(Allen & Unwin)
What would you do if you saw someone hit a child who wasn’t their own?
This is the premise of Australian author Christos Tsiolkas’s novel The Slap, which follows a group of family and friends who witness this event at a BBQ, exploring how it affects them and makes them question their own lives and beliefs.
Set in the outer suburbs of Melbourne, each chapter is told from one person’s perspective. Through these raw and honest narratives Tsiolkas explores Australian suburban culture and society and the trials of family and loyalty.
Tsiolkas doesn’t make any apologies for his characters, instead showing them with all their flaws and contradictions. The thing I like best about his writing is how after only a chapter through their eyes you get to know these characters, their problems, thoughts and values.
You become enthralled with Connie, a 17-year-old girl in love with 40-year-old Hector, and feel all the emotions she has to navigate through. In contrast to Connie's world-view, you also see life from the perspective of Manolis, who reflects on family, ageing and his own mortality.
This novel is powerful in the sense that it challenges the reader. You may find some characters unlikable because of their choices and actions, but you will also end up asking yourself how you would react in this situation.
While the slap itself is the cataclysmic event of the story, the rest of the novel delves into the aftermath of the event and the reactions of those who witnessed it, intertwining it with their own lives and problems.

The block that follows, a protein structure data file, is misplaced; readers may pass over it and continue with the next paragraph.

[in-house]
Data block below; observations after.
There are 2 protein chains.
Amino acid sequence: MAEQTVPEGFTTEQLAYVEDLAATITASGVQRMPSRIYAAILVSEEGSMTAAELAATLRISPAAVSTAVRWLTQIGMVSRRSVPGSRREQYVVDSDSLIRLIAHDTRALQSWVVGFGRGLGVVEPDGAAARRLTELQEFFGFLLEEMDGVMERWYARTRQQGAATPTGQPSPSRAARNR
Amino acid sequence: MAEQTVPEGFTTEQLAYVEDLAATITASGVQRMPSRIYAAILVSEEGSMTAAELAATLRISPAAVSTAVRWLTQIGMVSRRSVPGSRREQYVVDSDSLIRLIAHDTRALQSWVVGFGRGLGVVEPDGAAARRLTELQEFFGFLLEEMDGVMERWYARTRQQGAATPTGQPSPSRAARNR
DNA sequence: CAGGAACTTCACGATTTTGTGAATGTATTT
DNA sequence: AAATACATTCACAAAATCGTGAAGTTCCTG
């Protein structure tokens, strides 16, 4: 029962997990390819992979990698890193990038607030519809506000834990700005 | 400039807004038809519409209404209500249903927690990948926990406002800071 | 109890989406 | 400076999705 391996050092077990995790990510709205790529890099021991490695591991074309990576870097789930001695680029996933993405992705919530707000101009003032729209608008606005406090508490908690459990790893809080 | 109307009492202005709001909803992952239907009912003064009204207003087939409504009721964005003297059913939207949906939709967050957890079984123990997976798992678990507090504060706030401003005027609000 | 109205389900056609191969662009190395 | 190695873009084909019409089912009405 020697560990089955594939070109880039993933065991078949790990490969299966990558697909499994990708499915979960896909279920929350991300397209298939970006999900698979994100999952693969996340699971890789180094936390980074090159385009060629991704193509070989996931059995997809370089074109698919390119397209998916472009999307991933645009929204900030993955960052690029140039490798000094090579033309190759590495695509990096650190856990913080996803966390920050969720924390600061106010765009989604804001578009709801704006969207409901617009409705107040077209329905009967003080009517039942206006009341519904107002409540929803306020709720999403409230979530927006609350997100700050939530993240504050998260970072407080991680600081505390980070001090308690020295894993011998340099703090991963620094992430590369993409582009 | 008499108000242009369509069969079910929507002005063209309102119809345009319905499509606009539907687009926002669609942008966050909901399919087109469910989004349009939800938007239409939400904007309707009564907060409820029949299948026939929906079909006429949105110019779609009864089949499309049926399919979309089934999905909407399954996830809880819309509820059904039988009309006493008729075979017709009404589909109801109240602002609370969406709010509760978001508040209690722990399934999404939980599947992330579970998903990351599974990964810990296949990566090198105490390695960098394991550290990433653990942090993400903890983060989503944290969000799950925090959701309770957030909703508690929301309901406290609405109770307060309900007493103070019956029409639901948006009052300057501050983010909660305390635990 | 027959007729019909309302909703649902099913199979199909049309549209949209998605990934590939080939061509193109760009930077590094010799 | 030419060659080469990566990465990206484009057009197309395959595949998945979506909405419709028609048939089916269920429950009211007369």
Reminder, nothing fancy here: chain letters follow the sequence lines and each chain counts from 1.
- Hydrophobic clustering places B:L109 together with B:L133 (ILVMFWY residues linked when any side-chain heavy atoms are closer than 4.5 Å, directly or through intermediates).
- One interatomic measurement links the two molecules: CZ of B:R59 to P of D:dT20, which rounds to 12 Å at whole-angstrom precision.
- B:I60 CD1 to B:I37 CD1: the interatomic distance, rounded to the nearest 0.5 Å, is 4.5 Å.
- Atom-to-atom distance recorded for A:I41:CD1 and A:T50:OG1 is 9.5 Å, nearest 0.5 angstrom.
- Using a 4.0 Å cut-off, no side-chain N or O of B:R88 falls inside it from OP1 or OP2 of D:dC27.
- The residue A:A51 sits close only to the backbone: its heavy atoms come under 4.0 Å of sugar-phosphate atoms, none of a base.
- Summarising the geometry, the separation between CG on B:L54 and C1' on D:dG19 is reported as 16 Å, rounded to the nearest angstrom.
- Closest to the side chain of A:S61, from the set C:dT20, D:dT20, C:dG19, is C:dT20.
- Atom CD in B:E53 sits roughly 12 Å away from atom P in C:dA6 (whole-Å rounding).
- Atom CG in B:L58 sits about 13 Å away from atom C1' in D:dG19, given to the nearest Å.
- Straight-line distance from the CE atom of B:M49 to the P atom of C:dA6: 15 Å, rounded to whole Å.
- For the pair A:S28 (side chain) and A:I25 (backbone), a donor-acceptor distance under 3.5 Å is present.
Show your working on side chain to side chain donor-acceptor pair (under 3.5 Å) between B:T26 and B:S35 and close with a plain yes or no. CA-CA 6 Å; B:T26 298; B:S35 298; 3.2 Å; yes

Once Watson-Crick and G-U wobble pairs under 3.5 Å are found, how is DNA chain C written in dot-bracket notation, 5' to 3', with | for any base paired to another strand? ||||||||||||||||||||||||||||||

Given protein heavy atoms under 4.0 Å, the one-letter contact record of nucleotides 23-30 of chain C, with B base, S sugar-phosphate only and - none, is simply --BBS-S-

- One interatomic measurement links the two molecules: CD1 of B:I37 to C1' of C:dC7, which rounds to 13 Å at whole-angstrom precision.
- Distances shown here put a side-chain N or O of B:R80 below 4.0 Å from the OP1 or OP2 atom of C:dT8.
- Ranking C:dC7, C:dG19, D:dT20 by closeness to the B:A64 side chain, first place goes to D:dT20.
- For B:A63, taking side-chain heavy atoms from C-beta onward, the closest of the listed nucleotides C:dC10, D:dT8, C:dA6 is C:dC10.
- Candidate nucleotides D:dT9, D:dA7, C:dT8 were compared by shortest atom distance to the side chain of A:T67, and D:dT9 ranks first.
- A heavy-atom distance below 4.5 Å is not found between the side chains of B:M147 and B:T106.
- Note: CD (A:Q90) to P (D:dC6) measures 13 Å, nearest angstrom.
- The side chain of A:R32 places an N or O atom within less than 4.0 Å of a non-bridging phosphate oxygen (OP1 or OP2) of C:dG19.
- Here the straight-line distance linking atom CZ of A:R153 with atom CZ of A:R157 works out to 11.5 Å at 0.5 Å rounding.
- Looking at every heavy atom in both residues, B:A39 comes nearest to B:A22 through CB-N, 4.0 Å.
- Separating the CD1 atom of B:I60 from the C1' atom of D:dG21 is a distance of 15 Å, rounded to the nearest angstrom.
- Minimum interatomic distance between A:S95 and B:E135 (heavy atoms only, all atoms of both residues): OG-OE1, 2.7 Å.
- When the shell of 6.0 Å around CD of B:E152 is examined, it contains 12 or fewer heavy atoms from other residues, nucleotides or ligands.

This novel questions religion, marriage, parenting in modern society, drugs, sex, infidelity and what it means to be a family. It shines a light on multiculturalism within Australia, with characters ranging from Australian to Greek to Indian backgrounds, exploring culture and the way it is viewed by others.
The Slap is one of those rare finds that polarises the reader and can spark a lengthy discussion between people. It’s provocative and controversial in its content and the issues that are bought up will leave you thinking about it long after the last page.
I would recommend this for older, mature readers, but while not always easy to read, this unique, engaging story is one that should not be missed.
4 out of 5 stars
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